THE number of Pakistani workers going to the six-nation Gulf Cooperation Council (GCC) is on the decline, fuelling fears of a consequent fall in remittances from there, particularly at a time when the entire region in general and Saudi Arabia in particular is undergoing dramatic political and economic changes.
Pakistan’s remittances from the GCC — a regional union comprising Bahrain, Kuwait, Oman, Qatar, Saudi Arabia and the United Arab Emirates (UAE) — started growing rapidly from 2002, partly owing to post-9/11 developments and increased manpower export to that region.
But from 2014, our manpower export to the UAE, the largest market of the Pakistani workforce, has been on the wane. And from 2015, the same has been the case with Saudi Arabia, the second largest market.
Besides, as Saudi Arabia is now reshaping with its fiscal policies and expanding non-oil economy and as the UAE is fast emerging as a global business centre, the dynamics of manpower exports are also changing.
Though Pakistan has not yet experienced any major setback in remittances’ flow from these two countries, some signs of weakening are quite visible now.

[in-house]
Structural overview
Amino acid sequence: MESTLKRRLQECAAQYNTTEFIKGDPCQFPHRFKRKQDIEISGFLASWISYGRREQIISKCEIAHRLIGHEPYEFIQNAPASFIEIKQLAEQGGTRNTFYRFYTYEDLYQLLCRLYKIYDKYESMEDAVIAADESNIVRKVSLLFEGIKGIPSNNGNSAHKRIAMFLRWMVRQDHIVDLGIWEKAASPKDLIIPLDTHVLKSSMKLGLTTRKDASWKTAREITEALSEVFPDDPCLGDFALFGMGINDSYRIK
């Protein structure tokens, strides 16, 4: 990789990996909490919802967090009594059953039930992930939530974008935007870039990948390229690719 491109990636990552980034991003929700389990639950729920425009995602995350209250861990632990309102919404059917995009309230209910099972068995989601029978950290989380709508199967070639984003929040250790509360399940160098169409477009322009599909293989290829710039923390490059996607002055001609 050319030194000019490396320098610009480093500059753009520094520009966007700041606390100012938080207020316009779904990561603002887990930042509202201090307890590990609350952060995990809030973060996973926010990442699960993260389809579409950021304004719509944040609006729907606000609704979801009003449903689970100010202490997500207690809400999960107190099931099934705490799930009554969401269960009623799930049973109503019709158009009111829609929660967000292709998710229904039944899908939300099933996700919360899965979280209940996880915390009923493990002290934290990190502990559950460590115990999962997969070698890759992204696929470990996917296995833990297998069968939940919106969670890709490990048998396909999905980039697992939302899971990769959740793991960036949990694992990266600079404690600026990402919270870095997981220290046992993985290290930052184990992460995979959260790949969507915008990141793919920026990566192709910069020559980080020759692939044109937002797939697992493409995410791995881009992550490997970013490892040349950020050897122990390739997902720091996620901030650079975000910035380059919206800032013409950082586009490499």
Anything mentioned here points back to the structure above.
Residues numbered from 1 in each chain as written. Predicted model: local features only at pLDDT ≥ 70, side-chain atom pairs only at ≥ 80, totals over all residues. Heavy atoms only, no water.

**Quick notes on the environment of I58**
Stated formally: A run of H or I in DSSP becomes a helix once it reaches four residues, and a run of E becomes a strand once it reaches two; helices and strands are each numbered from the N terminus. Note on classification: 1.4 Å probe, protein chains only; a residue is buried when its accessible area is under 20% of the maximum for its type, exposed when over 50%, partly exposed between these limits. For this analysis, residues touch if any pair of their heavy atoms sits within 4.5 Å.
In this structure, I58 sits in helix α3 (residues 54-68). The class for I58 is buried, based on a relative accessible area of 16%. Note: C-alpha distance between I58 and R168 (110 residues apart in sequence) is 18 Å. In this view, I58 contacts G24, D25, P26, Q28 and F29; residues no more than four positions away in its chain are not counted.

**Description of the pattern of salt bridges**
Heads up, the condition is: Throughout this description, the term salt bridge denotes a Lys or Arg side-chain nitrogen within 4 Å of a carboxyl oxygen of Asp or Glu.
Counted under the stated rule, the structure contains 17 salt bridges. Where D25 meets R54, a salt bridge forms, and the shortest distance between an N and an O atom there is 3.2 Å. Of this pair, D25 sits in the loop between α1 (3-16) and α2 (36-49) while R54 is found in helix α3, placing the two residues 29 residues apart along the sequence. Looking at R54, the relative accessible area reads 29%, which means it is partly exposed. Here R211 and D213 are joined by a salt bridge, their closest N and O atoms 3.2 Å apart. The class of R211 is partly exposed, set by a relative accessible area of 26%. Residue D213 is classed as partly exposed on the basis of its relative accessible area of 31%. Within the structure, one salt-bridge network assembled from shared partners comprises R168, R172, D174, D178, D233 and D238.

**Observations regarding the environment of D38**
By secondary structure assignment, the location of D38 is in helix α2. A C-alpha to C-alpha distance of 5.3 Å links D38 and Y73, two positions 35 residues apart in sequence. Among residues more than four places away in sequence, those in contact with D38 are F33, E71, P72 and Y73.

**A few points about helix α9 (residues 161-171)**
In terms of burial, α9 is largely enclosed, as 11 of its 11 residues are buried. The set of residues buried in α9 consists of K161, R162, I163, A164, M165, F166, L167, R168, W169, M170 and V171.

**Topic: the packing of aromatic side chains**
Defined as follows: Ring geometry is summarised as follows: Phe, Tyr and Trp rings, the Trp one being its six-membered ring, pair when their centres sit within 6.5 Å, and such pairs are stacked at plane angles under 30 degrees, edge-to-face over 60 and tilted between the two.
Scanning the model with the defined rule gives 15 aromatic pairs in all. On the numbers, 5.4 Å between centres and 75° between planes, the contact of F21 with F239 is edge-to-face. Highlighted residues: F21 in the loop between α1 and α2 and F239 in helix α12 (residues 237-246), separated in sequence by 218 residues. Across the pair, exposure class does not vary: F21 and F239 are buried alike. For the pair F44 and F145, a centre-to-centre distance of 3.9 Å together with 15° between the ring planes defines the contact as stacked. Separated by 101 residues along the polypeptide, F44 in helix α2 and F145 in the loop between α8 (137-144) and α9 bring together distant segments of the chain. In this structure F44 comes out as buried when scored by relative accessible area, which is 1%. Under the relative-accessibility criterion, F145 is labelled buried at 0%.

If we look at annual remittances from Saudi Arabia, no big change has occurred in the past five years despite the fact that our manpower export to that country has seen a declining trend after 2015.
A major reason is that remittances coming from the more than two million Pakistanis already working in the kingdom and fluctuations in manpower export for one or two years cannot majorly disturb remittances.
However, 2017 is unique because during the first nine months of this year our manpower export to Saudi plunged to less than 25 per cent of what it was in 2016. Such a big decline is bound to affect the inflows from there.
The monthly average of remittances from Saudi Arabia fell to $443m in January-October this year from $484m a year ago. The impact of an even larger decline this year would reflect accordingly in next year’s remittances.
The 2018 remittances from the kingdom may also reflect a fuller impact of the July 2017 levy under which a tax of 100 riyals (Rs2,800) per month was imposed on each unemployed family member of foreigners living in the kingdom.
Many Pakistanis unable to afford this tax have started coming back home, and those who would prefer living there would obviously not be able to send as much foreign exchange as they did before the levy.
Pakistan has sought concession in this tax for its citizens living in Saudi Arabia, but it is difficult to predict whether the Saudi government can grant it.